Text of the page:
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Neonatal nurses work with newborns and infants in a neonatal intensive-care unit (NICU). Requirements typically include a bachelor's degree in nursing, a nursing license and neonatal resuscitation program (NRP) certification.
Because hospitals operate 24 hours a day and 365 days per year, employees are typically required to work nights, holidays and weekends.
More recently, hospitals have offered nurses more flexible shifts to maintain a 40 hour work week and allow more personal time. Work shifts can include five days working eight hours per day, or four days working 10 hours per day.
Hospitals are required to maintain a specified number of nursing staff members on each work shift, which includes a required nursing staff in a neonatal unit. Although flexible schedules may be offered, at times neonatal nurses may be required to work certain shifts to maintain the required number of nursing staff.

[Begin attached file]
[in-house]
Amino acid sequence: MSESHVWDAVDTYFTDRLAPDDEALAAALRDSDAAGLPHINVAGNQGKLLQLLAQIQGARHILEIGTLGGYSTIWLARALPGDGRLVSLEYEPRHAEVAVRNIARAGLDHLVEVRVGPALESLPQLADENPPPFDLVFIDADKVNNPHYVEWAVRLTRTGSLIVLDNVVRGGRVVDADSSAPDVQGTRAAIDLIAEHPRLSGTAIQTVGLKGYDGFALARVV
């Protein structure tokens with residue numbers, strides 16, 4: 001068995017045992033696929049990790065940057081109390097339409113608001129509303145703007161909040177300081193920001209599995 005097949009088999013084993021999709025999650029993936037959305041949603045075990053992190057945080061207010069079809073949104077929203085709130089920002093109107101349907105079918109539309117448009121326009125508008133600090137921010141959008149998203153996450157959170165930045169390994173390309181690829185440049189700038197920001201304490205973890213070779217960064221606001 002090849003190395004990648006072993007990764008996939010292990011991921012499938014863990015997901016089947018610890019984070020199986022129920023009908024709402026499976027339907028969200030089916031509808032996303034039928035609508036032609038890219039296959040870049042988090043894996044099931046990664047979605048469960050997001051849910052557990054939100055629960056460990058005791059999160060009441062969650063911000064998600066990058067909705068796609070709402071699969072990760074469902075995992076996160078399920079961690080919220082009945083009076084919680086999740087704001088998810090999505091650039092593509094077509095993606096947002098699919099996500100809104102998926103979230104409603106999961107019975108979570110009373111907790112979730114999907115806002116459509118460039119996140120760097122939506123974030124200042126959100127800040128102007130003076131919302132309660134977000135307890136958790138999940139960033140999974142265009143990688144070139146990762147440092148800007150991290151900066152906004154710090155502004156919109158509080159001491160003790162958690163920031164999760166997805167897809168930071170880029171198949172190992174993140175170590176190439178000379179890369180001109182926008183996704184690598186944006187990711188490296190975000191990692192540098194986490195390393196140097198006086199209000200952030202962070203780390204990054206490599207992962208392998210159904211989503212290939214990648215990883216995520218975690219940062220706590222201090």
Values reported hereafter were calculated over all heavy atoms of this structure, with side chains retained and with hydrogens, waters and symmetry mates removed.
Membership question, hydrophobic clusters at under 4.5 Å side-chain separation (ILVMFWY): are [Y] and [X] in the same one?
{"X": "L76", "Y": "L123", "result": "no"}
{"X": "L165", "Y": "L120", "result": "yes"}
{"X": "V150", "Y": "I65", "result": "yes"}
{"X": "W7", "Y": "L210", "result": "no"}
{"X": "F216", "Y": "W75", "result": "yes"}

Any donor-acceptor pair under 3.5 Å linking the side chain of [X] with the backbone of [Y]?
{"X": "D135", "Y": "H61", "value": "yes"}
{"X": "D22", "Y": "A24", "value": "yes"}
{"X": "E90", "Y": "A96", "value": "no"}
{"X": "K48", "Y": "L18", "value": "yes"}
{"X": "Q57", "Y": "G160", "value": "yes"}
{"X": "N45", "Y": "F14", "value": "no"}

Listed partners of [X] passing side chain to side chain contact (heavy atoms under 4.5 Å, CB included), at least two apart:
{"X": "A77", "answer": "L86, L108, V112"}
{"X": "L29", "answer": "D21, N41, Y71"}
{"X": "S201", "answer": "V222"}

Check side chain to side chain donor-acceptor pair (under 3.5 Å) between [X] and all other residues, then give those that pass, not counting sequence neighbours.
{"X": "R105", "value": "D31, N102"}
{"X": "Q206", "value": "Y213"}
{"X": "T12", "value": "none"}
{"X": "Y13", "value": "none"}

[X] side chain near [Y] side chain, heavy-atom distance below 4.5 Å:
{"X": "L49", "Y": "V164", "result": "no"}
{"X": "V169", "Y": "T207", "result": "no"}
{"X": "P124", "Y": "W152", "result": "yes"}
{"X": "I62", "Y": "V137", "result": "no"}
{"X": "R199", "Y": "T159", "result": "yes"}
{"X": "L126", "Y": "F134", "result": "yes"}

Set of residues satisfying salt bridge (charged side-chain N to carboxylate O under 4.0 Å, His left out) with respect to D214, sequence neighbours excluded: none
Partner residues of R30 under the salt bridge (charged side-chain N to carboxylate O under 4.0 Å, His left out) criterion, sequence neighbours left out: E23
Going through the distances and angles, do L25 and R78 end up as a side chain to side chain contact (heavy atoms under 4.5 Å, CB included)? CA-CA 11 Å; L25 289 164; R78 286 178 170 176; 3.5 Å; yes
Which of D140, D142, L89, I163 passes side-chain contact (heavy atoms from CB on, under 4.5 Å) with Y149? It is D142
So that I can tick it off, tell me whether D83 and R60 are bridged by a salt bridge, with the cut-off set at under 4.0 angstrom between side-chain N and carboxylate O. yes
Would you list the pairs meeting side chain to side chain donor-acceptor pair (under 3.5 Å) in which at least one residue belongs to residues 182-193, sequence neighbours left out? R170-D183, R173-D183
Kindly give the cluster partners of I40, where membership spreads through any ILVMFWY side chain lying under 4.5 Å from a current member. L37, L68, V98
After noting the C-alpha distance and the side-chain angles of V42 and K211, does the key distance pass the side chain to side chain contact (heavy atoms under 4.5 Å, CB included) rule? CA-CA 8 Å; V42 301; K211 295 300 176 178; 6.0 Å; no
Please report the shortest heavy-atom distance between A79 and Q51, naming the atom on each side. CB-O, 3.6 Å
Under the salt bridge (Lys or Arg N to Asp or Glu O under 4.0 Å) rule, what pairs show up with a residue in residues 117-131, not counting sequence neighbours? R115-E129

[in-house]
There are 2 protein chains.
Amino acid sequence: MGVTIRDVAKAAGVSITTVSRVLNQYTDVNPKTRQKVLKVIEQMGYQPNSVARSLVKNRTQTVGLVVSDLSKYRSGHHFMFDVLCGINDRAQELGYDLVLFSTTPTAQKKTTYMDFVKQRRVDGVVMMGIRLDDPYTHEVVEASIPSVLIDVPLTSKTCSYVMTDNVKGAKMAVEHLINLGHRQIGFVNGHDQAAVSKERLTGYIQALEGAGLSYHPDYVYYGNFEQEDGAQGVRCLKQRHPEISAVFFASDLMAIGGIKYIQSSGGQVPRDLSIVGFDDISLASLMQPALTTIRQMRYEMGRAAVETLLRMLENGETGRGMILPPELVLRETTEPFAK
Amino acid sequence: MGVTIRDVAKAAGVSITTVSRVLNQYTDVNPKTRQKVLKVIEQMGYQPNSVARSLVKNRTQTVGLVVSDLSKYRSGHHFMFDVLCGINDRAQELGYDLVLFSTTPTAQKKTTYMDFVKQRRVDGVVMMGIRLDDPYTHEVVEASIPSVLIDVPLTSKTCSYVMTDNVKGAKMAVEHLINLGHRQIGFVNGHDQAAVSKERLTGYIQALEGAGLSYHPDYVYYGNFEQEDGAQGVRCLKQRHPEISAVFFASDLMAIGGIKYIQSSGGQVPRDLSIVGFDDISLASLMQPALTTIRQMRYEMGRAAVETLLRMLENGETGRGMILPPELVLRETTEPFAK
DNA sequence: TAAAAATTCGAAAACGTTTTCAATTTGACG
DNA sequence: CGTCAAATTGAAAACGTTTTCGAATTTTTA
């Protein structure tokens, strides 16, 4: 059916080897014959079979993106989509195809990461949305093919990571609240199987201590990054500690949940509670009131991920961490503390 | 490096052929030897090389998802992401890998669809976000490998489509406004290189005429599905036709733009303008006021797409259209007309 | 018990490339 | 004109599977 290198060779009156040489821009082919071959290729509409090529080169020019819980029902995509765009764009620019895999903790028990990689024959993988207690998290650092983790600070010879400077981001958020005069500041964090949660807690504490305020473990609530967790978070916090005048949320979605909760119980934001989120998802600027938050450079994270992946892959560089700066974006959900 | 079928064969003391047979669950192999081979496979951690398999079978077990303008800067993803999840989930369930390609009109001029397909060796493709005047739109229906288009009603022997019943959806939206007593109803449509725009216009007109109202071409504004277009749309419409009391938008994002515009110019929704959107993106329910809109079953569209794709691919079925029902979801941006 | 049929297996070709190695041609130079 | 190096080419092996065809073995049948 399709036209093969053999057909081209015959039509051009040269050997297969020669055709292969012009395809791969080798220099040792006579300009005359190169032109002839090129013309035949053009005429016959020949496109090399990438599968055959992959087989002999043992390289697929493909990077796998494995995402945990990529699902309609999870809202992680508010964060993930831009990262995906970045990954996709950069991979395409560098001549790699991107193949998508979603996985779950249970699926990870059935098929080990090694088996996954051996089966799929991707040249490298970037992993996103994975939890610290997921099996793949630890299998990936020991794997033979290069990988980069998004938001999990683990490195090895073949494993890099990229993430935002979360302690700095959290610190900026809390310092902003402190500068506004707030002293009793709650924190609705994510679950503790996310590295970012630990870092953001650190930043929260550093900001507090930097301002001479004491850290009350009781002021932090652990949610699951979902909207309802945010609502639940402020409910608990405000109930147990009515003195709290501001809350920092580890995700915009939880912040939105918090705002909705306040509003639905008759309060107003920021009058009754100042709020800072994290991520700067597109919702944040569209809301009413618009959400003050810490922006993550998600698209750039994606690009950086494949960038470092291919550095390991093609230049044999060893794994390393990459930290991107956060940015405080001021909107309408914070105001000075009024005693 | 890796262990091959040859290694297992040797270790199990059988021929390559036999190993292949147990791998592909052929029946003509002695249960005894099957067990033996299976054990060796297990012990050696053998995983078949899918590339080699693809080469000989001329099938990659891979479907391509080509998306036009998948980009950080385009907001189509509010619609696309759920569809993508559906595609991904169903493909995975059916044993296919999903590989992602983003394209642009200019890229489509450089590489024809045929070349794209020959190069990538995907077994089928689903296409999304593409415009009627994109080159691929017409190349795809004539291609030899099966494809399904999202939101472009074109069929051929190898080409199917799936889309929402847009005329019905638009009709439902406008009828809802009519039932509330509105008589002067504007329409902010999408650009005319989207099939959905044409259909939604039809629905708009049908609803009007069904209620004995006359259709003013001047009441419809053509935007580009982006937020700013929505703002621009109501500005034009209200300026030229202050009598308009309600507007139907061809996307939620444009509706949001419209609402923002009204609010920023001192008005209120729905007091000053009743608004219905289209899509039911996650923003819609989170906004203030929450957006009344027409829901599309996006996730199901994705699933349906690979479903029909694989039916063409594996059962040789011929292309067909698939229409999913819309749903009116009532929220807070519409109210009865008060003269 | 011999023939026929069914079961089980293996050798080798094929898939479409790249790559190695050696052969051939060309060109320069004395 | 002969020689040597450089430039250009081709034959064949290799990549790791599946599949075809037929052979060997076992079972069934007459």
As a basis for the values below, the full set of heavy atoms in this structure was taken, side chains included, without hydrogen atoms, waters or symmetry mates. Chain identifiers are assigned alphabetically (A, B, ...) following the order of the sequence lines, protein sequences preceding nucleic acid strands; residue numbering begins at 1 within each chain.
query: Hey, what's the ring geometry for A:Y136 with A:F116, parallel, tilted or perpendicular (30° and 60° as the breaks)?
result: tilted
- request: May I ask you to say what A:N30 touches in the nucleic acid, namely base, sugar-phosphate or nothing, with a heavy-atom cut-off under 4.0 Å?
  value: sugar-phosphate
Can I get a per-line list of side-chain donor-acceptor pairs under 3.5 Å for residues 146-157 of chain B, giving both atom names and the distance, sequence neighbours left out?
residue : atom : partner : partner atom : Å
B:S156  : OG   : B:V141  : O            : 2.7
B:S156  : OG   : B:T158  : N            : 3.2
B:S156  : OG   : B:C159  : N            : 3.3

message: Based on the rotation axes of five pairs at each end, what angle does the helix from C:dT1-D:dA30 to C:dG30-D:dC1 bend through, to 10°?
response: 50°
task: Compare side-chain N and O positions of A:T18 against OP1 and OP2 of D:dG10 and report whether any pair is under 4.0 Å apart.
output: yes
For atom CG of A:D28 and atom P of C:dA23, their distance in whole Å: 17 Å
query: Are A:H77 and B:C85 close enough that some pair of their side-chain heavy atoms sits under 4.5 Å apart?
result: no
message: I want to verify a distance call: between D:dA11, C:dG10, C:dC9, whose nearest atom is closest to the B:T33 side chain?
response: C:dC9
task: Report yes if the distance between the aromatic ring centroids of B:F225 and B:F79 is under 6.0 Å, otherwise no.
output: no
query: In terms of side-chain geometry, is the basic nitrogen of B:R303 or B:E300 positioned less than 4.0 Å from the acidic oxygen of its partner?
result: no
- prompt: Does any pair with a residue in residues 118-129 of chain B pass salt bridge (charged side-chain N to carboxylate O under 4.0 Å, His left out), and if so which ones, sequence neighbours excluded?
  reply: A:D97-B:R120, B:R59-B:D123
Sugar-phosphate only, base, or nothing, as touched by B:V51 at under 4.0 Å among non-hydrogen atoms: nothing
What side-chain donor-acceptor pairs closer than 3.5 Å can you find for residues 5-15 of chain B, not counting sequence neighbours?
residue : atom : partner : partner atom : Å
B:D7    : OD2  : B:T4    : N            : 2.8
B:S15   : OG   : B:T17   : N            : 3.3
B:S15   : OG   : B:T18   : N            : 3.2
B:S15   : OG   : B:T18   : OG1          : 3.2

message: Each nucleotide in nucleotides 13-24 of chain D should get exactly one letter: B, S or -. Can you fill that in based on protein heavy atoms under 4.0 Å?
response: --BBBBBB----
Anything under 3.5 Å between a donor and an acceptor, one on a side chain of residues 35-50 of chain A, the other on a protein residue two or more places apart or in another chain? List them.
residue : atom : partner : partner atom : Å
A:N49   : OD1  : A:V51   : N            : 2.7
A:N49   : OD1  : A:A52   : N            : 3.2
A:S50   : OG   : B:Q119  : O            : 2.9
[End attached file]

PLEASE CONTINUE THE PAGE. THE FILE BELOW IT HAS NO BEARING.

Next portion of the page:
Neonatal units are categorized in levels I, II and III, with level III being the most severe. Several hospitals in the United States have units that have been categorized as level IV, which treats the most severe neonatal patients.
Neonatal Working Hours
Neonatal nurses typically work 40 hours per week. Overtime may be required due to the severity of the patients they treat and the inability to leave patients' unattended. Nurse coverage is a priority in neonatal units, so long working hours will be infrequent.